Assuming a few things, the fastest method for this is likely the hash iterator solution. Assumptions:
- Dataset B is small enough to fit (once) in memory.
- Either you don't care about the order of dataset B rows in the resulting dataset, or you have an ascending or descending order by your key variables, or you can construct a key order variable.
- Dataset B can have a key defined such that it contains unique rows, or you can use 'multidata:yes' (have a sufficiently new version of SAS to support that).
Given those assumptions, this works:
if 0 then set b;
if _n_=1 then do;
declare hash b_hash(dataset:'b', ordered:'a');
declare hiter b_iter;
b_iter = _new_ hiter('b_hash');
rc = b_iter.first();
do while (rc=0);
rc = b_iter.next();
Depending on your use case, you may want to construct the
defineData call via the macro system and/or a dictionary.columns query in order to avoid hardcoding the column names.
This is a lot faster than point; compared to the baseline:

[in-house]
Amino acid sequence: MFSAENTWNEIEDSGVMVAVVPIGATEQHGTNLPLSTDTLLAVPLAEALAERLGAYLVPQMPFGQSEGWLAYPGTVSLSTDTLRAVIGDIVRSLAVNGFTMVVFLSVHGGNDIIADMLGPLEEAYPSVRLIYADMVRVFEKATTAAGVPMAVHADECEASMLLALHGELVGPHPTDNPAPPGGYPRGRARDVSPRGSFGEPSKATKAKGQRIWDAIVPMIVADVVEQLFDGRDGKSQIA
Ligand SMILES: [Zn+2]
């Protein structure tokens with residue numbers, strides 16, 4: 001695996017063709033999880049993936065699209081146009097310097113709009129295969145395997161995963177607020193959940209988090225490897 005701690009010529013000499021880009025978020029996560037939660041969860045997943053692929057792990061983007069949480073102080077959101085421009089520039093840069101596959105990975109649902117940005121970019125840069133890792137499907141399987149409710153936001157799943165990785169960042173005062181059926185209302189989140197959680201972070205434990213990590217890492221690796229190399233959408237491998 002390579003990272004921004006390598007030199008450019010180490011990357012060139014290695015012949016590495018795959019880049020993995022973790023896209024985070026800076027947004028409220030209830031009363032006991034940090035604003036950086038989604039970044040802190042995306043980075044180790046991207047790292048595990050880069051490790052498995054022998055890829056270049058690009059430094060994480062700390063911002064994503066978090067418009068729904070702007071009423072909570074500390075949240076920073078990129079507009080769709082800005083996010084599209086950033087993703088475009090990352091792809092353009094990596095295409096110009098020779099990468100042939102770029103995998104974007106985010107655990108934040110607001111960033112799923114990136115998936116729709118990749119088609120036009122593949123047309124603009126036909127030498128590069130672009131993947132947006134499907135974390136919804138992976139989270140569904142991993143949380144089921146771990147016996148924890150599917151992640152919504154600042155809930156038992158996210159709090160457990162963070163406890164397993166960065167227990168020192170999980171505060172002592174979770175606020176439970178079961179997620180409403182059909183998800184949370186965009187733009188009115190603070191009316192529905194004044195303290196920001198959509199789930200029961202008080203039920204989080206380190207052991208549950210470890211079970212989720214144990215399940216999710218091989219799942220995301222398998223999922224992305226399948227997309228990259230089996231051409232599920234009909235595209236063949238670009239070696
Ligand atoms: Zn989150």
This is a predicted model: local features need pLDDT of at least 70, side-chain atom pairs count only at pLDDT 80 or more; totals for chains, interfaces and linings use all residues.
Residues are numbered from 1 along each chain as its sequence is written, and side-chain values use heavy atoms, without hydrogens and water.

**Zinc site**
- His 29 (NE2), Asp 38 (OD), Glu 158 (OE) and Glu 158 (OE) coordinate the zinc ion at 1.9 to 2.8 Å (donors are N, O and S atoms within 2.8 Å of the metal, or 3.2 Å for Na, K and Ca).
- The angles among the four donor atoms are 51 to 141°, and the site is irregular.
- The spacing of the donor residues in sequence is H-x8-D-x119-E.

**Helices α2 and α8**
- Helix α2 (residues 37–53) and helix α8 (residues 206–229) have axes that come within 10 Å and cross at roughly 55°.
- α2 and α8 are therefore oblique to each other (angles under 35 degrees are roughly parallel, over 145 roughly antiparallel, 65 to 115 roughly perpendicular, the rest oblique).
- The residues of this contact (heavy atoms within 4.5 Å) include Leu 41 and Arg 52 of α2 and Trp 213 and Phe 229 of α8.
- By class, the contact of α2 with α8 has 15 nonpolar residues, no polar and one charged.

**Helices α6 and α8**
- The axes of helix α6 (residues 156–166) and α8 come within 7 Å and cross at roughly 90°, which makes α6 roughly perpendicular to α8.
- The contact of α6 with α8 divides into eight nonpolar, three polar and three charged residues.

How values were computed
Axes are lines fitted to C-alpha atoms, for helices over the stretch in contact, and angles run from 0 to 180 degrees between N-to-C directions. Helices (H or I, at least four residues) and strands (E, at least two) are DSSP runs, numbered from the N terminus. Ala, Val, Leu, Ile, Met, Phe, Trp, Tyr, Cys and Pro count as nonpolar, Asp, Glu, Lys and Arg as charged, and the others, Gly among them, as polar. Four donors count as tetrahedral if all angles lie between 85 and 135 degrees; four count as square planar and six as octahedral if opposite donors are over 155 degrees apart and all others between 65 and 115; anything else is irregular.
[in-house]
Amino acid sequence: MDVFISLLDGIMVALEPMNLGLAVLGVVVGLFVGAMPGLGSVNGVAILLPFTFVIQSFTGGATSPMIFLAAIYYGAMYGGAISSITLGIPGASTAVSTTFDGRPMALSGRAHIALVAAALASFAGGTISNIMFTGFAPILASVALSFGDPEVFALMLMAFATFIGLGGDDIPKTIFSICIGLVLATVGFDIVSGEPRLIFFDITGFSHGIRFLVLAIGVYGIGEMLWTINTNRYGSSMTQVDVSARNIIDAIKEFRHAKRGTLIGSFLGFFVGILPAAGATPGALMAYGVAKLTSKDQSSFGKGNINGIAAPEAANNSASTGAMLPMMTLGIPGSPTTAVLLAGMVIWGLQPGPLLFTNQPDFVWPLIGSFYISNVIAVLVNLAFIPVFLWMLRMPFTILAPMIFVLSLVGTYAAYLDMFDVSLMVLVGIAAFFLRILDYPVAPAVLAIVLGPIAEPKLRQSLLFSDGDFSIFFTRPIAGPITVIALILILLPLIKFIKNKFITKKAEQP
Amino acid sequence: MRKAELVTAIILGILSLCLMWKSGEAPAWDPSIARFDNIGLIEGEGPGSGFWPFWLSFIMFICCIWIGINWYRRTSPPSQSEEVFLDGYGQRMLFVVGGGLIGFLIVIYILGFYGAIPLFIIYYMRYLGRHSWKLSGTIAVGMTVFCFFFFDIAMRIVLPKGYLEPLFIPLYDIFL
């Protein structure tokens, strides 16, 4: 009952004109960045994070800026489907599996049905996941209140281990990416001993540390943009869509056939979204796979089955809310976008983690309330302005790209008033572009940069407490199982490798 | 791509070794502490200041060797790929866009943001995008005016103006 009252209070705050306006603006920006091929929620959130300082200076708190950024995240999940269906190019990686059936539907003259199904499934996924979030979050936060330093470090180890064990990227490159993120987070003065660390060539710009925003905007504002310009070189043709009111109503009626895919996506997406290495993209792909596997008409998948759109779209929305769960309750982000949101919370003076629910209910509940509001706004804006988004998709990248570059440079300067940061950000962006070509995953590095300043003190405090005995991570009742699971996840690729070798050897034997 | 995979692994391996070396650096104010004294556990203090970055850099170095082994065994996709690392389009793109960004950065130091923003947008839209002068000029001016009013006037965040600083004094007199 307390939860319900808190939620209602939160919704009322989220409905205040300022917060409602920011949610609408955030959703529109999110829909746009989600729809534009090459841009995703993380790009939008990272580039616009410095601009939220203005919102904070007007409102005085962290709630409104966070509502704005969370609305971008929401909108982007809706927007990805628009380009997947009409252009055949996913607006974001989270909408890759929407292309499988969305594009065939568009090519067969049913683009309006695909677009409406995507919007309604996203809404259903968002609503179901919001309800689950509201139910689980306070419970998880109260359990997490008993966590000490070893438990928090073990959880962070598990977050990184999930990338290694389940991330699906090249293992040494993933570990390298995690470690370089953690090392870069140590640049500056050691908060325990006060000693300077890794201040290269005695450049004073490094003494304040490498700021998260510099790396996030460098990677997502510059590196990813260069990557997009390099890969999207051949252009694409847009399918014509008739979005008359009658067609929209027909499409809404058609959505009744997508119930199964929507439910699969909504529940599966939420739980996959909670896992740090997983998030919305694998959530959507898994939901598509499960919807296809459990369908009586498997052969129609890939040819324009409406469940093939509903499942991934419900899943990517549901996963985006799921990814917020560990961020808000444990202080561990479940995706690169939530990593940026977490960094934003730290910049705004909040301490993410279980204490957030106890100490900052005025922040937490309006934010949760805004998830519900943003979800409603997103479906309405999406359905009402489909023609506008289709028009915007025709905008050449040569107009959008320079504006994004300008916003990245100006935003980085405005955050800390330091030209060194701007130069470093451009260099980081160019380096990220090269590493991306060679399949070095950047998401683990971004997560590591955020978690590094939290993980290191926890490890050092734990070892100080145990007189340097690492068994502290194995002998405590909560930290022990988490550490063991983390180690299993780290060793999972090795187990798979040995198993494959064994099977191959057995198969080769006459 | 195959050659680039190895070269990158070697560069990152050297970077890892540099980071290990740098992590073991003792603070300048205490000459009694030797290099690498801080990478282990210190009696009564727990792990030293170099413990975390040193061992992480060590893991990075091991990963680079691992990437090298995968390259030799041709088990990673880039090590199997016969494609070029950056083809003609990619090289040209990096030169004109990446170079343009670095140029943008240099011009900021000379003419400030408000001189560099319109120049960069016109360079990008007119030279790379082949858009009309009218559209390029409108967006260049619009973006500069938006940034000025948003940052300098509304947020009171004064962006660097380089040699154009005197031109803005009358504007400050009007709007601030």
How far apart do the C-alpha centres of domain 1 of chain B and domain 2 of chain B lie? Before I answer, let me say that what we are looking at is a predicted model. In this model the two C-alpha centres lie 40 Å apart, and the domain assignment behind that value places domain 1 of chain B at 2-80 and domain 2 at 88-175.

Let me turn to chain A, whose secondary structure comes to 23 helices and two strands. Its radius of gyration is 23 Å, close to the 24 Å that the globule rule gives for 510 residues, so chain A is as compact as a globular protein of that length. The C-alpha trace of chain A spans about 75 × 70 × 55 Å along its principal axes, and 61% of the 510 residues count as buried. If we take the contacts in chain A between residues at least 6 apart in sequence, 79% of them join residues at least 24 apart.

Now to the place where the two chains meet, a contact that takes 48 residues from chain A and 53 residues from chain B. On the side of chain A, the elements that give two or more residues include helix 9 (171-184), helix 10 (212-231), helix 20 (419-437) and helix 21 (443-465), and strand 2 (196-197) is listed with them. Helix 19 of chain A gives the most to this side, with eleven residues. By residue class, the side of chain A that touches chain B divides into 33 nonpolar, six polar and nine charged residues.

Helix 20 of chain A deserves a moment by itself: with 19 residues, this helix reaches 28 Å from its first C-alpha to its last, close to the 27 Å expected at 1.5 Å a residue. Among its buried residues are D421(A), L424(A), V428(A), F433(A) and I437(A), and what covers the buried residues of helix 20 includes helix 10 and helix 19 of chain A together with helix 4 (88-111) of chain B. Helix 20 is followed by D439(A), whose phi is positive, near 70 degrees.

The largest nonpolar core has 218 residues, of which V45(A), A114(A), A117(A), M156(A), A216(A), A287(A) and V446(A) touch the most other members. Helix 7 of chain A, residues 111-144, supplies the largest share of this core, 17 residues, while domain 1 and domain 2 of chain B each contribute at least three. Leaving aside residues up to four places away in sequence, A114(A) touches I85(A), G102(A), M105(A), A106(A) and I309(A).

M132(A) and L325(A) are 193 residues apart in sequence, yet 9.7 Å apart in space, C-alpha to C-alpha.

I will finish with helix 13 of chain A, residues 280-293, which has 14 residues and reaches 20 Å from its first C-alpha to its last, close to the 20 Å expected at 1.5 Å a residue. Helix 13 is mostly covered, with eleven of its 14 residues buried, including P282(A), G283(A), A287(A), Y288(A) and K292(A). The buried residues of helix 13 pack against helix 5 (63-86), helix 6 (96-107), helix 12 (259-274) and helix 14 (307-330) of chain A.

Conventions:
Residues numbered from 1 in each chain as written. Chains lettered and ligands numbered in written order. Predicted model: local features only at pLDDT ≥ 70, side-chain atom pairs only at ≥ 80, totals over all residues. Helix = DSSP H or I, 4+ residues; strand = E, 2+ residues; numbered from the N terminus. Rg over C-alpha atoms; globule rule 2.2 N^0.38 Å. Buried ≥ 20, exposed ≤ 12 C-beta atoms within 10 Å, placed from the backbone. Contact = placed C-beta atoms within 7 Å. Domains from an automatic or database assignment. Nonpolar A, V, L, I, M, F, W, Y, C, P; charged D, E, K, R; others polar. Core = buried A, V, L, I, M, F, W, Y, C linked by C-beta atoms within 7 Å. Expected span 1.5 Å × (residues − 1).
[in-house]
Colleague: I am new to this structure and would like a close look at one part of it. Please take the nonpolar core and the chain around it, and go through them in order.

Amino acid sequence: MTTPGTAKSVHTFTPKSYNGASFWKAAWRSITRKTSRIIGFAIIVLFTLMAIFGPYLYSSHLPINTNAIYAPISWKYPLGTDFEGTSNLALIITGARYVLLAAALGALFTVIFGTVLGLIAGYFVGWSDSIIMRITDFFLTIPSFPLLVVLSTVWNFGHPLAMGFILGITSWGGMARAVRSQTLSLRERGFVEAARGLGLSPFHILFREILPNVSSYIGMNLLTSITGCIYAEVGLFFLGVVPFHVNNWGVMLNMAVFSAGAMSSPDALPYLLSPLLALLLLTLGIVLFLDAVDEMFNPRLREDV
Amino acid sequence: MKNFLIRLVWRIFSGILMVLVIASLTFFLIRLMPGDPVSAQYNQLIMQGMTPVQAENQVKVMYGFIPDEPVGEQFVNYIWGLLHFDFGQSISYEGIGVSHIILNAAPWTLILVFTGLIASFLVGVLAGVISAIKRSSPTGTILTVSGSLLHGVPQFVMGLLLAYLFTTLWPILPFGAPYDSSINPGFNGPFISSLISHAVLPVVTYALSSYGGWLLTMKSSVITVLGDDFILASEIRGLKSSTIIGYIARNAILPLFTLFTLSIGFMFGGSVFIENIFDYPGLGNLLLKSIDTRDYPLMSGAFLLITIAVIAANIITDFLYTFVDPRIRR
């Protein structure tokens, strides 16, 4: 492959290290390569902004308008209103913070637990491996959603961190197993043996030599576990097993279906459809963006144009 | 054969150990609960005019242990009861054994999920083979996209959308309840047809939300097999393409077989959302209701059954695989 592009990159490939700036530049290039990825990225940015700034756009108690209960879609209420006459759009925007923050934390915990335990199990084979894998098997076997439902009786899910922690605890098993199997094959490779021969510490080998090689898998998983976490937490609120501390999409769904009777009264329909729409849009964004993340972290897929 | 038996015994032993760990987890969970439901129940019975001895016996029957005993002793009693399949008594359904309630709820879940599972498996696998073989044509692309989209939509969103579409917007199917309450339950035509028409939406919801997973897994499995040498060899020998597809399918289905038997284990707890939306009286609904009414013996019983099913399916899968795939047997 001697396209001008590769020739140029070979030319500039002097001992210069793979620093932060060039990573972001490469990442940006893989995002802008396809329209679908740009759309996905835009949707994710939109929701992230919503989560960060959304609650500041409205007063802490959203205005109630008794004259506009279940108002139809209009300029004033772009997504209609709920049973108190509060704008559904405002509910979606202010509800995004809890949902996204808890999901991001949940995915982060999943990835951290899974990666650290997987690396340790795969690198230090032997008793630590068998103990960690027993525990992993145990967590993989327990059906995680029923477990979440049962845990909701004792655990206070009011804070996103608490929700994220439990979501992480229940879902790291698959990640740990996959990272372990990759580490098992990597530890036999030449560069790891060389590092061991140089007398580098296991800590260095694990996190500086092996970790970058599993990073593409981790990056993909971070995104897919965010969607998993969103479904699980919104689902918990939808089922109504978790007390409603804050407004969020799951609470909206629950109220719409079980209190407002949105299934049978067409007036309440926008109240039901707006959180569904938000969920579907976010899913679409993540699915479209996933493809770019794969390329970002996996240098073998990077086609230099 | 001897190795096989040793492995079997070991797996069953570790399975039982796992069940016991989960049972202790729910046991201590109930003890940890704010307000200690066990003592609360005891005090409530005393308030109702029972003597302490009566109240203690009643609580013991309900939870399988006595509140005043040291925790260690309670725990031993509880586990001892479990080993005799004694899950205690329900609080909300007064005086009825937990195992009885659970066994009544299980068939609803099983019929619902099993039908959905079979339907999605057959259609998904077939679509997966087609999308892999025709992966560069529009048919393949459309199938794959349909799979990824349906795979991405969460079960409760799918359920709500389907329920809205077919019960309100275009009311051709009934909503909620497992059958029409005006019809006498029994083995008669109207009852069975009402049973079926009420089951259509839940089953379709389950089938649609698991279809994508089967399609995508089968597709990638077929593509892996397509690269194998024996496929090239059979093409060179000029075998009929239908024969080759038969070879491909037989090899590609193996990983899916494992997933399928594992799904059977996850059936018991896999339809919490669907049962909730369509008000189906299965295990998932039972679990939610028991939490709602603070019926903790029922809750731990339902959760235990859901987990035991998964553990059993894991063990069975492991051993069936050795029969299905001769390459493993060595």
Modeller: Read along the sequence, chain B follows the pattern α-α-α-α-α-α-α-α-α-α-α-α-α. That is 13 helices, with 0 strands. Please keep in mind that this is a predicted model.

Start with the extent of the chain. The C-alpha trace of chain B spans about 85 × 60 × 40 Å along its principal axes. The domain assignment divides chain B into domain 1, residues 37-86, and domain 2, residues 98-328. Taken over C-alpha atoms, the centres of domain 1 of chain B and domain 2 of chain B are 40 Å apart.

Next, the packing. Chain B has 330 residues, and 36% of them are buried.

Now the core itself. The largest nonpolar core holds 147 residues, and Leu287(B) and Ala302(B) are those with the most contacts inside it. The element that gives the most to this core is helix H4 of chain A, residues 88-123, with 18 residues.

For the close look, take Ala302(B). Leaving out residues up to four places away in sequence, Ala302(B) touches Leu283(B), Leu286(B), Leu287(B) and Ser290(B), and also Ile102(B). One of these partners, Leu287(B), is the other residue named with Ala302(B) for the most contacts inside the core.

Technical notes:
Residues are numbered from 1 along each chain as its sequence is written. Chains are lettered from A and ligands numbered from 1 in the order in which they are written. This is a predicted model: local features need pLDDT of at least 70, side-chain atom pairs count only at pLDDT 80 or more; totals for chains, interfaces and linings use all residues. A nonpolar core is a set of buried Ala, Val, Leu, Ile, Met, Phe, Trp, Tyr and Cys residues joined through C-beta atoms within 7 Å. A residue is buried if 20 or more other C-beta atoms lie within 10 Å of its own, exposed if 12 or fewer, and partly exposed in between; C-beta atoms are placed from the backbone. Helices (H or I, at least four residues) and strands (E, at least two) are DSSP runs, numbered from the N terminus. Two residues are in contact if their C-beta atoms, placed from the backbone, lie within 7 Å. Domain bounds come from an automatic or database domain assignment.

do _n_ = 1 to nobs_b;
set b point=_n_ nobs=nobs_b;
- With a large A, 1e7 rows and small B, 3 rows, it takes ~10 seconds real time/8 seconds CPU time (not substantially more than the total write time), while the baseline point takes 100 seconds real time/12 seconds CPU time.
- With a smaller A, point becomes somewhat more efficient, but is still outperformed by hash (though only slightly, likely not worth the difference in coding difficulty). Both approach 10 seconds write time to write out 1e4 A/ 1e3 B combination (which yields a similar size file to the first).
- With a small A and large B ( 3 rows A, 1e7 rows B), hash takes a bit longer as it has an expensive first time set-up cost; 67 seconds for the hash solution (28 seconds CPU) vs 65 seconds for point (17 seconds CPU).
As such, Hash is recommended if you have a large dataset and are combining it repeatedly with a small dataset. If the two datasets are similarly sized or the repeatedly-set dataset is larger, point is probably as good as you will get (given the higher difficulty to maintain hash).